Everything's hidden. AP Photo/Hassan Ammar

The city is under a thick film of sand.

Cairo is experiencing a serious sandstorm—two children have reportedly died, ports are closed, and flights were still changing their routes after the airport stopped allowing arrivals for a short time yesterday.

This is how the city looked yesterday, as the sandstorm was developing:

The start of the sandstorm. (AP Photo/Mosa'ab Elshamy)

By today the city was under a thick film of sand.

Students run home to get out of the storm. (AP Photo/Mosa'ab Elshamy)
It's everywhere. (AP Photo/Hassan Ammar)
Still, some people left their homes. (AP Photo/Hassan Ammar)
The sandstorm doesn't recognize city limits. (AP Photo/Mosa'ab Elshamy)

Some on Twitter have noted that this storm did not prevent Russian President Vladimir Putin’s visit to Egypt—he arrived on Jan. 9.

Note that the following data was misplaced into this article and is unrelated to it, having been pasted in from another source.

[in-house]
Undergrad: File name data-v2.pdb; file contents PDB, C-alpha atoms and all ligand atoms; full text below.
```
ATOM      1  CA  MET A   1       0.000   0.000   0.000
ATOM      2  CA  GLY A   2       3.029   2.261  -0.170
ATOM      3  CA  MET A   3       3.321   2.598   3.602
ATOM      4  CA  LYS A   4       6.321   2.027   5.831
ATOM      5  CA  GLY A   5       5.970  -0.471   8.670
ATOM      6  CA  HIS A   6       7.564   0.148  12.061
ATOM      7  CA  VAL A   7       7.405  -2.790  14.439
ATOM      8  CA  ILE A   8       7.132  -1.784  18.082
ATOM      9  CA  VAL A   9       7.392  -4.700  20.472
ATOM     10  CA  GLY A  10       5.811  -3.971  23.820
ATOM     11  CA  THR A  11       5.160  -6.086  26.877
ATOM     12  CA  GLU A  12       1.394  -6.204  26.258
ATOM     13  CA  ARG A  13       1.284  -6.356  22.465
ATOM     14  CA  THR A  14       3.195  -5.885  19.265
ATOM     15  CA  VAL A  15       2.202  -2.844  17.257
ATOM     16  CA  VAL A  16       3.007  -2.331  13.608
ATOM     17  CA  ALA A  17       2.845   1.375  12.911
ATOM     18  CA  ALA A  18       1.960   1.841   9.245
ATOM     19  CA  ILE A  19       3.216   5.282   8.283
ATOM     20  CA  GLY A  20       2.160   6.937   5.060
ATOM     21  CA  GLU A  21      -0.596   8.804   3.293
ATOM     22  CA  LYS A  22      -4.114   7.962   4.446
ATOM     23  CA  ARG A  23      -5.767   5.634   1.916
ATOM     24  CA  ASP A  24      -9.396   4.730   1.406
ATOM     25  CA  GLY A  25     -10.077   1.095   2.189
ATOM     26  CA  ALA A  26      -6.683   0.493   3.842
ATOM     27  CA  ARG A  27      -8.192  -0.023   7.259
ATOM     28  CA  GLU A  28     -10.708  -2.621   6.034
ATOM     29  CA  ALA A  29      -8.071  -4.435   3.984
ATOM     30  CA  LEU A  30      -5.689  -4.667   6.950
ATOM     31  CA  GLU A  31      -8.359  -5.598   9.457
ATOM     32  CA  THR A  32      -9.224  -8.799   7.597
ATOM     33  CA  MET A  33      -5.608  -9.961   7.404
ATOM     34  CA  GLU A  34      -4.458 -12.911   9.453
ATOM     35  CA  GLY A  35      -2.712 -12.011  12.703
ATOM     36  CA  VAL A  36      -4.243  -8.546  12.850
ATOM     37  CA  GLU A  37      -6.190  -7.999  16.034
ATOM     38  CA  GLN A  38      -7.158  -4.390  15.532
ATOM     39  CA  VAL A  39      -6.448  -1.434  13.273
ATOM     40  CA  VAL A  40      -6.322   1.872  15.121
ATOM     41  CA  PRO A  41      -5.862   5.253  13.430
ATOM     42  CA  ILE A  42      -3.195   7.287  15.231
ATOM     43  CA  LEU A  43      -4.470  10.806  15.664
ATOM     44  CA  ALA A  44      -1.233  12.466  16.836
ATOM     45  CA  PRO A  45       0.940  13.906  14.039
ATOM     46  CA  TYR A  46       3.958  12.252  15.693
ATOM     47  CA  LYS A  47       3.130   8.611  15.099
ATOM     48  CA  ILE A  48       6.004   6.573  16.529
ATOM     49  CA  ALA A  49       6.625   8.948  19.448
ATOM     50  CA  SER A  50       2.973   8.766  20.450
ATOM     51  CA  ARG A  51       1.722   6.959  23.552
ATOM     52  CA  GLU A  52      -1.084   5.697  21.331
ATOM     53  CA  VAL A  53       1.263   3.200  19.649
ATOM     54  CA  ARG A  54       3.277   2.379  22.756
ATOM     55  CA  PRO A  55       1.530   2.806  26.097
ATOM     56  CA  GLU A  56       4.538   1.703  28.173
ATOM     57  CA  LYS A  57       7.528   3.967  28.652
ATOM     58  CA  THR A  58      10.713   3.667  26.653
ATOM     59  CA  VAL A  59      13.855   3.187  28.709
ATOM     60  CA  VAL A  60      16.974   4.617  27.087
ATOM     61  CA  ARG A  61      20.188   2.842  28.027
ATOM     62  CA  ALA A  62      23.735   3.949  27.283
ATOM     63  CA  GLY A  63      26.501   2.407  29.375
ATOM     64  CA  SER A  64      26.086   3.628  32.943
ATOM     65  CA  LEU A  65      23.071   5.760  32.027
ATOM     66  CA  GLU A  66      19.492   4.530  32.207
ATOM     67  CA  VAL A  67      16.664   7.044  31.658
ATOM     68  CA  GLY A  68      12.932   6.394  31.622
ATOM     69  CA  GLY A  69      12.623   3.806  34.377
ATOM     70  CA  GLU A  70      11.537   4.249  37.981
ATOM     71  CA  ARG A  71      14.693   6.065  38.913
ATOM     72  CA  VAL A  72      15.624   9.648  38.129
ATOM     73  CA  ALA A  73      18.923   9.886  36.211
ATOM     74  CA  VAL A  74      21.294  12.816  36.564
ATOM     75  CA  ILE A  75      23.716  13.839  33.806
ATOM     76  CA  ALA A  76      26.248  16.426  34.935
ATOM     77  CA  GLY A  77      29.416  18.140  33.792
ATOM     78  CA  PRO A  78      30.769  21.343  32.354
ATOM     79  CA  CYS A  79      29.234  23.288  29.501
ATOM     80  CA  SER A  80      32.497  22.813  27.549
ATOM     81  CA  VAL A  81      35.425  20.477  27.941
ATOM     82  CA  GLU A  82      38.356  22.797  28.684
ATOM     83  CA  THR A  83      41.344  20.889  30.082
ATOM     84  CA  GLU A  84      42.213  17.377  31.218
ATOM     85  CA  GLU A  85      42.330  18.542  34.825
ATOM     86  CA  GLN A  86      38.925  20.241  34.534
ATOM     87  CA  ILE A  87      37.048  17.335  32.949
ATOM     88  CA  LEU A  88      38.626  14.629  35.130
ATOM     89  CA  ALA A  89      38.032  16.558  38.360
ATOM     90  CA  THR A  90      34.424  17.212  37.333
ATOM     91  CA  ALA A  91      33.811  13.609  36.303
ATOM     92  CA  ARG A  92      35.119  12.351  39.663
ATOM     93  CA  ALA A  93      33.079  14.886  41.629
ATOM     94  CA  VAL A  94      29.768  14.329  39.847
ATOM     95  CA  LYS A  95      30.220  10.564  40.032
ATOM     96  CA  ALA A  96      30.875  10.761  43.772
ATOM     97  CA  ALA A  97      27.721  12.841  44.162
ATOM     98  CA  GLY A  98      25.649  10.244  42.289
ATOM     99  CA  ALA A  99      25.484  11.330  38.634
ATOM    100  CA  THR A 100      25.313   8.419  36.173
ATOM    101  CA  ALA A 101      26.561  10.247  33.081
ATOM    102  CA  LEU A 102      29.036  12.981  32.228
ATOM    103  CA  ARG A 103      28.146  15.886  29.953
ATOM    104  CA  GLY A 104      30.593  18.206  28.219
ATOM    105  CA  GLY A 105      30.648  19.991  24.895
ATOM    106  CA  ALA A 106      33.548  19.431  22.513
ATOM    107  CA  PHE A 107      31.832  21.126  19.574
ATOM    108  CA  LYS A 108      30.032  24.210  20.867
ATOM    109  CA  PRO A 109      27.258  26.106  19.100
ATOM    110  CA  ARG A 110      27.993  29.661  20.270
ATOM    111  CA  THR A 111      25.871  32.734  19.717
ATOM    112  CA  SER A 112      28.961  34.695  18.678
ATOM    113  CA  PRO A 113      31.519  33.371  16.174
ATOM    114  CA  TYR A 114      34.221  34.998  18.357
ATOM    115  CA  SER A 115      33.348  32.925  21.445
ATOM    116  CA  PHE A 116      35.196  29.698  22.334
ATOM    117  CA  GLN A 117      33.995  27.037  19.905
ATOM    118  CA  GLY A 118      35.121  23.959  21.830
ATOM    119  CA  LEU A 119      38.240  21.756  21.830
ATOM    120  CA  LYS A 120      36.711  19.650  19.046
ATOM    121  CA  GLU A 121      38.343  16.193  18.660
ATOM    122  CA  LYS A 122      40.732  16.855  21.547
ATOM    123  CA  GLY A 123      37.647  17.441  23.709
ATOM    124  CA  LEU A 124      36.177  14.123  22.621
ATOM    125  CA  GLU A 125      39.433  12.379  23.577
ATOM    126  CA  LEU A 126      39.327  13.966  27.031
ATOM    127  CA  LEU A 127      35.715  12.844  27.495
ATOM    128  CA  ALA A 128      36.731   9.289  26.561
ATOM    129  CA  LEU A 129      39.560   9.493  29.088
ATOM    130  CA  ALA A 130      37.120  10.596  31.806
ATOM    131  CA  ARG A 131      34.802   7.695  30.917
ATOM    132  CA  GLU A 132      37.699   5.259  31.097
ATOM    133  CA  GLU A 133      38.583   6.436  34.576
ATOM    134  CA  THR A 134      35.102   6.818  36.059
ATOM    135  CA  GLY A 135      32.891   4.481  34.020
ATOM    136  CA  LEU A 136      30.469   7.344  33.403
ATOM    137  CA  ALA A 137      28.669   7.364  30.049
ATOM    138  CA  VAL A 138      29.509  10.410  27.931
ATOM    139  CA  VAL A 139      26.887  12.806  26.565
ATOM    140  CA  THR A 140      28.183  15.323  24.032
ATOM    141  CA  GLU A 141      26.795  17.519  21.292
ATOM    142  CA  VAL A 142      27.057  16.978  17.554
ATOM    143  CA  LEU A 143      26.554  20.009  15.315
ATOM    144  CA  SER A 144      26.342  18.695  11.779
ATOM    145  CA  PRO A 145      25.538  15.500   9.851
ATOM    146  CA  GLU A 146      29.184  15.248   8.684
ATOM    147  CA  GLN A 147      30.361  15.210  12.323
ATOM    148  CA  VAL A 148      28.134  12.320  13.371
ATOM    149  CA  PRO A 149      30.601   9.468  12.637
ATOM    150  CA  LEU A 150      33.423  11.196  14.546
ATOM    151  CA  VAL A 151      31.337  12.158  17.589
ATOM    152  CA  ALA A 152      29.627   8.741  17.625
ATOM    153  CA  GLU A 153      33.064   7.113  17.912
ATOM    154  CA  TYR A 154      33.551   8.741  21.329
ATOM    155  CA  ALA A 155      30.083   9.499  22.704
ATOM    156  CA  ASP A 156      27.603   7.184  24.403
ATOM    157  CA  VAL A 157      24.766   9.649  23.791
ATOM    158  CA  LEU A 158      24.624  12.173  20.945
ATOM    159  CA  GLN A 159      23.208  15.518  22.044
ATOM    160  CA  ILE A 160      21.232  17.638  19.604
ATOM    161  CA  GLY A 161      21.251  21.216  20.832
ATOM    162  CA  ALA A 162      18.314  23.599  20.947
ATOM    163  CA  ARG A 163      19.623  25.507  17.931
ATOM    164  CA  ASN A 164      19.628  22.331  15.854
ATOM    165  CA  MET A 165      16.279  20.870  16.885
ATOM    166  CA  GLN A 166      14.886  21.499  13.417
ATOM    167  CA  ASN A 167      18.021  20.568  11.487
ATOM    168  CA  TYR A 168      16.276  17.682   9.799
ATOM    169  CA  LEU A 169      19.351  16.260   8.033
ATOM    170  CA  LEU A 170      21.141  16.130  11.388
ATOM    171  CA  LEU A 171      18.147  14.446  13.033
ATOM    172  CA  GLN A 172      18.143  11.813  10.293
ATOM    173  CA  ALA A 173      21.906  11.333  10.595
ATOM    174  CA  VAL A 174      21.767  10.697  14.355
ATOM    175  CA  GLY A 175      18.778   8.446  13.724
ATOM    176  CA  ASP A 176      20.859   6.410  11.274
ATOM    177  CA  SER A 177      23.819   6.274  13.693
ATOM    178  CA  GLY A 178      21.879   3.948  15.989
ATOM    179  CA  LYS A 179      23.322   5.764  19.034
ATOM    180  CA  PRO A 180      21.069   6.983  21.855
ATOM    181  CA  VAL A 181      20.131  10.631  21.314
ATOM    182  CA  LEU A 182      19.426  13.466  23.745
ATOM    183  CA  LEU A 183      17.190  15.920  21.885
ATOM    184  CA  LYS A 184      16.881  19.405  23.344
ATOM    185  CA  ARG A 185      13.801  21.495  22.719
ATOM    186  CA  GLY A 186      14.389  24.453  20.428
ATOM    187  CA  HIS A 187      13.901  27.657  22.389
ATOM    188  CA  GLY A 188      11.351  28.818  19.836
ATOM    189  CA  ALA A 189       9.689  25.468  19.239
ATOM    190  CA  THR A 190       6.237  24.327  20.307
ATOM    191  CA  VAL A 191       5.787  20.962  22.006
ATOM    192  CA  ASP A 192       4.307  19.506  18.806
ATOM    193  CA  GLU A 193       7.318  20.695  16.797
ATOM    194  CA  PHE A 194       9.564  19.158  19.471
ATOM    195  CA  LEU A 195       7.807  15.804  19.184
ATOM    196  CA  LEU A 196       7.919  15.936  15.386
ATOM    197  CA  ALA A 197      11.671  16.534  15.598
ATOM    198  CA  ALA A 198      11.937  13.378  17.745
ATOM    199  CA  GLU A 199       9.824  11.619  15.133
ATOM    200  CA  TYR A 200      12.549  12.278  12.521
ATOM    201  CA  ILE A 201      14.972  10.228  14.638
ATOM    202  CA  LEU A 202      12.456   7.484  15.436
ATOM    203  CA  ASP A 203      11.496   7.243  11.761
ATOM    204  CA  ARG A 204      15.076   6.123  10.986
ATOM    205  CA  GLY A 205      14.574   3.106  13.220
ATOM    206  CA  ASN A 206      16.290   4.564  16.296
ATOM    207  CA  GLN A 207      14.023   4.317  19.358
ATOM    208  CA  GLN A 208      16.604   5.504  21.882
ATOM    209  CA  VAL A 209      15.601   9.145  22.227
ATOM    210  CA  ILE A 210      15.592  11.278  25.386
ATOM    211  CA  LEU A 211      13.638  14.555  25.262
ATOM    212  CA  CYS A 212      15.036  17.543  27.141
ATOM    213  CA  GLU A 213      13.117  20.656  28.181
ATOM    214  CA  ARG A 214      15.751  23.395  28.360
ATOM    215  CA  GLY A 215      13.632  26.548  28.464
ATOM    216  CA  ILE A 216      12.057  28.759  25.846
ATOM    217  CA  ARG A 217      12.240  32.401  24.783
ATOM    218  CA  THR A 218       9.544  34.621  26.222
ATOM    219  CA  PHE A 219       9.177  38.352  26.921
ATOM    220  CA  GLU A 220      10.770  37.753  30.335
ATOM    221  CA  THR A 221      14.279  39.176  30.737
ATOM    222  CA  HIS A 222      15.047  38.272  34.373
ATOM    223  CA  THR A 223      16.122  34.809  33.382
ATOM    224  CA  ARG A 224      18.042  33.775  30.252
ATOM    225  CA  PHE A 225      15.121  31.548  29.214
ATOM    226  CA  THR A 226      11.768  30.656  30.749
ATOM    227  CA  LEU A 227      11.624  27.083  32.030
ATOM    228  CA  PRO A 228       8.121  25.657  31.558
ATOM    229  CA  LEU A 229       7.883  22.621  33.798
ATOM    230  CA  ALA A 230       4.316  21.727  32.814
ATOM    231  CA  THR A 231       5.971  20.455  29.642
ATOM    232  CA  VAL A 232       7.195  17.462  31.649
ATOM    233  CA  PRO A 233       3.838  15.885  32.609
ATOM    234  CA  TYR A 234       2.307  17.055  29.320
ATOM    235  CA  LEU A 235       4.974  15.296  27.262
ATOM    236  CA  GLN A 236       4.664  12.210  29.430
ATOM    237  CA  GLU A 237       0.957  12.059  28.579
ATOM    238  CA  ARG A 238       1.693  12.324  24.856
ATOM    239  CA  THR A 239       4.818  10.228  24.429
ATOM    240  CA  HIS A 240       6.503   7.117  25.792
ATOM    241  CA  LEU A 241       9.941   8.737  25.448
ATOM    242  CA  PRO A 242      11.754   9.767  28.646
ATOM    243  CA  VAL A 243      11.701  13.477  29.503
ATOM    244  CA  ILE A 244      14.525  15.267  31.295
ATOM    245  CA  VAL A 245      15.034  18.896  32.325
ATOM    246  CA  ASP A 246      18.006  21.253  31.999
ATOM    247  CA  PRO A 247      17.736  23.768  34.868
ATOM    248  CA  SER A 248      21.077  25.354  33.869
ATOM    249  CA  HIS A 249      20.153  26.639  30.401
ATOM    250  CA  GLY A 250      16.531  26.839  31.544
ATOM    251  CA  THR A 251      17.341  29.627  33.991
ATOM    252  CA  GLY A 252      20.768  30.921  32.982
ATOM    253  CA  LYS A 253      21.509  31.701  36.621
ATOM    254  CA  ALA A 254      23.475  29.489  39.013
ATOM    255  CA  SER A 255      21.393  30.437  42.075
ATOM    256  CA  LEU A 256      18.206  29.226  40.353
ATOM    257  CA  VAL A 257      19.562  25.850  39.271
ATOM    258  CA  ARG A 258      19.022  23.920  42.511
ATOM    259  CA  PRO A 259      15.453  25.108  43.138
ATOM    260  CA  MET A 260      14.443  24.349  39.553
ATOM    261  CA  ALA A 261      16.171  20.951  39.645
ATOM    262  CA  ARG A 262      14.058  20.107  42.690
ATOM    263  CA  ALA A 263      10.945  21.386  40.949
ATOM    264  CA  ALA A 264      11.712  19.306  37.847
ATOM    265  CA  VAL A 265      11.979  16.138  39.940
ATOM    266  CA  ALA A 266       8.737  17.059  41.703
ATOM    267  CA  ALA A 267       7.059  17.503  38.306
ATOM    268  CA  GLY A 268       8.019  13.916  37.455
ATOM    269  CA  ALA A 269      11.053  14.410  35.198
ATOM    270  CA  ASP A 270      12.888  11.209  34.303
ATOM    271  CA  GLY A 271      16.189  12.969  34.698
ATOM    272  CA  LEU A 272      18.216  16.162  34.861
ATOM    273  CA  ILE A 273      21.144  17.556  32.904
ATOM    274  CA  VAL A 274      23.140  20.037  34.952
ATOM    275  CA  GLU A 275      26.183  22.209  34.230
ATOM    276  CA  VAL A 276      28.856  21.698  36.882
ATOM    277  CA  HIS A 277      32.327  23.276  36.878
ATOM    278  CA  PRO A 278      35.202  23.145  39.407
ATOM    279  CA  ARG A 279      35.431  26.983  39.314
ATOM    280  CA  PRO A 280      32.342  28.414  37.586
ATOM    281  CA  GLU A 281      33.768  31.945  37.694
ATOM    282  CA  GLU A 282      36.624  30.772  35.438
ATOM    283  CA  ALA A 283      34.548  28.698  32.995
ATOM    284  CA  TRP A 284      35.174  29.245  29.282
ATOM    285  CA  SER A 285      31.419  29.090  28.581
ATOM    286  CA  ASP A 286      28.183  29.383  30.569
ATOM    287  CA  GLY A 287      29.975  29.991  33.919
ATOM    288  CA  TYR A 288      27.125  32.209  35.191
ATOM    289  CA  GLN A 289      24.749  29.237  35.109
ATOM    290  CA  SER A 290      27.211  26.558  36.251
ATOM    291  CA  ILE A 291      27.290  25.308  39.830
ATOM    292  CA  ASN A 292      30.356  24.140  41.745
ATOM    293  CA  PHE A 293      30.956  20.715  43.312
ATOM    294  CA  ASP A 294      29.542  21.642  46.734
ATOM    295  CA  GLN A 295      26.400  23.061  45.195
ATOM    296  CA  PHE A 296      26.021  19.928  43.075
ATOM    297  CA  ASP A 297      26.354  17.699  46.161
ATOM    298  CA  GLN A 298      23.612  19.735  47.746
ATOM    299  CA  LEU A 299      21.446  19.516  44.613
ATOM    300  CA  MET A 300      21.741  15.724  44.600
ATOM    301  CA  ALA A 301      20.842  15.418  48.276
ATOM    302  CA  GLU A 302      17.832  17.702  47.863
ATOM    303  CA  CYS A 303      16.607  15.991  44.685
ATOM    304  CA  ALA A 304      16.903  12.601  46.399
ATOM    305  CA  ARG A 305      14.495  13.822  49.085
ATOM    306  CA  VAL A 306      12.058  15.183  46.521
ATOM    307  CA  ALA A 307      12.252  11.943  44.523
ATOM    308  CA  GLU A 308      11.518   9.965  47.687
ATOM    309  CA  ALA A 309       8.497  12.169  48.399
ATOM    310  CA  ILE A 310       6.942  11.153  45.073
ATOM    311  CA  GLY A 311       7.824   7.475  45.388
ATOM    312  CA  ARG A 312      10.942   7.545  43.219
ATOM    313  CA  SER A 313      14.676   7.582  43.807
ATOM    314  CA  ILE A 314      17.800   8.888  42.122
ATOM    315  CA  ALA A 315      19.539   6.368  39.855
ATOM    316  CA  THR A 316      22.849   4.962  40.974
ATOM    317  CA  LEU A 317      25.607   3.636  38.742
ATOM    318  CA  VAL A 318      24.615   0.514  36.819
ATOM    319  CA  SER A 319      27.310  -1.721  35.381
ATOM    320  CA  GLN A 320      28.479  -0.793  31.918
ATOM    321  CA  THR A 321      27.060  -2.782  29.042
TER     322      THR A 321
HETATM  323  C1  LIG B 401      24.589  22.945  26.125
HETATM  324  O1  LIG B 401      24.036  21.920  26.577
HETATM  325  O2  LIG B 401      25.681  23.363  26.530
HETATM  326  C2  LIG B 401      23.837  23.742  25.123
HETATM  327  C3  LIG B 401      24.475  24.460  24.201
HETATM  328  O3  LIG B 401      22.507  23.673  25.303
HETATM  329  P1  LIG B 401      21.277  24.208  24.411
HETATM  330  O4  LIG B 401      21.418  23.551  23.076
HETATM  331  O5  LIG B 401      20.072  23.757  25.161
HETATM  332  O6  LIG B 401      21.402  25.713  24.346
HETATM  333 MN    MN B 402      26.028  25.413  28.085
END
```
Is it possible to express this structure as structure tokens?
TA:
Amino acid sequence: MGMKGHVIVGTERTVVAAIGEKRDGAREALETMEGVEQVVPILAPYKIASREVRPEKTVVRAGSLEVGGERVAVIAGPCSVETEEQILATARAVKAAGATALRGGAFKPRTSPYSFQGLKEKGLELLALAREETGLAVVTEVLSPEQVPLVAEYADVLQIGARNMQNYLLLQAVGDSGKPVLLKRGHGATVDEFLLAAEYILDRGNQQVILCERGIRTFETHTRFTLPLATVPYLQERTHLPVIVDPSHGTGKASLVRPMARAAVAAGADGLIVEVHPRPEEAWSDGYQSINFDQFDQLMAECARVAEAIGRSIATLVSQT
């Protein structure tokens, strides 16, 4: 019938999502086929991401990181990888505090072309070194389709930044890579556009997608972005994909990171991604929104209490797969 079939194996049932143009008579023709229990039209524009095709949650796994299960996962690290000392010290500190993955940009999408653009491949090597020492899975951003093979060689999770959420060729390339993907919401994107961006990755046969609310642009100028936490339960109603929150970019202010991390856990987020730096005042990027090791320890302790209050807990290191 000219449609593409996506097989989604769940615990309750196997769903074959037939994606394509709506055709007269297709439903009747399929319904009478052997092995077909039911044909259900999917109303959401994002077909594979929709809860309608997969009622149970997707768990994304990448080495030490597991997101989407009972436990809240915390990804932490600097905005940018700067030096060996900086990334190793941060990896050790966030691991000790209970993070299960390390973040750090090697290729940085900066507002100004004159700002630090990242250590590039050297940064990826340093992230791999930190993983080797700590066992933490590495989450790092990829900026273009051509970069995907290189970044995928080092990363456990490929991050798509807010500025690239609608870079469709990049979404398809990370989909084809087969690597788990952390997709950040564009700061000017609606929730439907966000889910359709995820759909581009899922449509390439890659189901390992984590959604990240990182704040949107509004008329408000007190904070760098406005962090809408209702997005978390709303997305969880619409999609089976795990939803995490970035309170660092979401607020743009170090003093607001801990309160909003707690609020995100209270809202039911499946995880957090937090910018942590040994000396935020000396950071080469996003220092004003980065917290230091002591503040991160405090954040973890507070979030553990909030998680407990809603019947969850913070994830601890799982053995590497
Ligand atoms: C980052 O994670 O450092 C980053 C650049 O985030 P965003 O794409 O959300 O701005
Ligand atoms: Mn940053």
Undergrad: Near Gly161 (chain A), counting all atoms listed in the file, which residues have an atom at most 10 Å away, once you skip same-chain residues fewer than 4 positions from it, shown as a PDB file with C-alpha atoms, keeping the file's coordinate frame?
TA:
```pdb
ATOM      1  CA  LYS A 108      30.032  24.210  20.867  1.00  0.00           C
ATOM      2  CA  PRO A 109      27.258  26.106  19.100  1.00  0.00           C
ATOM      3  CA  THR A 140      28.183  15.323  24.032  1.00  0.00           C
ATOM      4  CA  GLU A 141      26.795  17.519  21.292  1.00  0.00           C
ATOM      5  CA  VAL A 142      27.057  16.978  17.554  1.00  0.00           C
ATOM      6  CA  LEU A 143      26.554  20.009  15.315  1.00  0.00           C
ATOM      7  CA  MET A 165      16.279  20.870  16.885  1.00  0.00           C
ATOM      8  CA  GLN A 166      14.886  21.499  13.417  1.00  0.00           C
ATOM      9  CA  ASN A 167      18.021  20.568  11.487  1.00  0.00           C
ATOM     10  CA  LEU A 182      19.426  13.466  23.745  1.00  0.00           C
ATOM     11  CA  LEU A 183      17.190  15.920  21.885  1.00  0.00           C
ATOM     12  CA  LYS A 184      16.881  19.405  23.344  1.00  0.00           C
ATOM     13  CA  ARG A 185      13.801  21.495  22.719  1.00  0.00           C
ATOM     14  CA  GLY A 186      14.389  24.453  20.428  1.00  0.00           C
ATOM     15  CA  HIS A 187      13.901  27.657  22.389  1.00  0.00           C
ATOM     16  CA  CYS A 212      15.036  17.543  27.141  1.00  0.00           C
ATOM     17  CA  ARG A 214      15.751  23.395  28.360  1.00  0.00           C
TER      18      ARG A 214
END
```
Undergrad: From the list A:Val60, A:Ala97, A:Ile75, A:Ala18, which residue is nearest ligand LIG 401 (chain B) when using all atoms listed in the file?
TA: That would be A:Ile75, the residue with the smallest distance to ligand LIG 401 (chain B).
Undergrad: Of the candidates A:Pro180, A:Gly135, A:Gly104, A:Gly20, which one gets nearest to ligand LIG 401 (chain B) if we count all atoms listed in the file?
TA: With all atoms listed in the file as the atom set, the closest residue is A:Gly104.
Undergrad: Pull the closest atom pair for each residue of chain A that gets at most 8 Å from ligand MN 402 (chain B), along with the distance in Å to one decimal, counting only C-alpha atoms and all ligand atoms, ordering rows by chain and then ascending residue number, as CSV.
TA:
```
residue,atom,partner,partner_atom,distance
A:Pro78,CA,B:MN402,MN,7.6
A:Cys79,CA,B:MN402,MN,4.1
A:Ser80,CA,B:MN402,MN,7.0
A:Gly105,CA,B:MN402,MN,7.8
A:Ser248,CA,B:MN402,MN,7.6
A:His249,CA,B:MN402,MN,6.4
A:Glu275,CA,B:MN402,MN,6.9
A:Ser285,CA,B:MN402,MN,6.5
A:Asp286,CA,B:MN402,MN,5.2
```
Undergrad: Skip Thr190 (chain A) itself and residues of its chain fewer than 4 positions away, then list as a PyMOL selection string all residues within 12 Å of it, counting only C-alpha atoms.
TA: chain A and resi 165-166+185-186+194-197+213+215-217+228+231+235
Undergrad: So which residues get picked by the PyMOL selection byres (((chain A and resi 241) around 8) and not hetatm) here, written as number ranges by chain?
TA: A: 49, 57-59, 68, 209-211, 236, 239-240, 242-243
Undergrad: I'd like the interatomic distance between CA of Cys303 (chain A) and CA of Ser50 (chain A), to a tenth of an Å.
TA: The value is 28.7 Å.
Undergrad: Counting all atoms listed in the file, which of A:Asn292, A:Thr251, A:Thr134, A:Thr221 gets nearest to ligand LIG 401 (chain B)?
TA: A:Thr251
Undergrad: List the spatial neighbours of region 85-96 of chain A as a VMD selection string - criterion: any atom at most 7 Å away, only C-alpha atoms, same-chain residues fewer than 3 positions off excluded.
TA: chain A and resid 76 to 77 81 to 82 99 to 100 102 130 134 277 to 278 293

This piece originally appeared on Quartz, an Atlantic partner site.

More from Quartz:

A Decade Ago, Brian Williams Would've Gotten Away With It

Napster Still Exists, And It Has Millions of Streaming Subscribers

The Mycoin Scandal in Hong Kong Had Nothing to Do With Actual Bitcoins

About the Author

Most Popular

  1. Life

    The Cities Americans Want to Flee, and Where They Want to Go

    An Apartment List report reveals the cities apartment-hunters are targeting for their next move—and shows that tales of a California exodus may be overstated.

  2. photo: a pair of homes in Pittsburgh
    Equity

    The House Flippers of Pittsburgh Try a New Tactic

    As the city’s real estate market heats up, neighborhood groups say that cash investors use building code violations to encourage homeowners to sell.  

  3. Life

    Can Toyota Turn Its Utopian Ideal Into a 'Real City'?

    The automaker-turned-mobility-company announced last week it wants to build a living, breathing urban laboratory from the ground up in Japan.

  4. An aerial photo of downtown Miami.
    Life

    The Fastest-Growing U.S. Cities Aren’t What You Think

    Looking at the population and job growth of large cities proper, rather than their metro areas, uncovers some surprises.

  5. Design

    Why Amsterdam’s Canal Houses Have Endured for 300 Years

    A different kind of wealth distribution in 17th-century Amsterdam paved the way for its quintessential home design.

×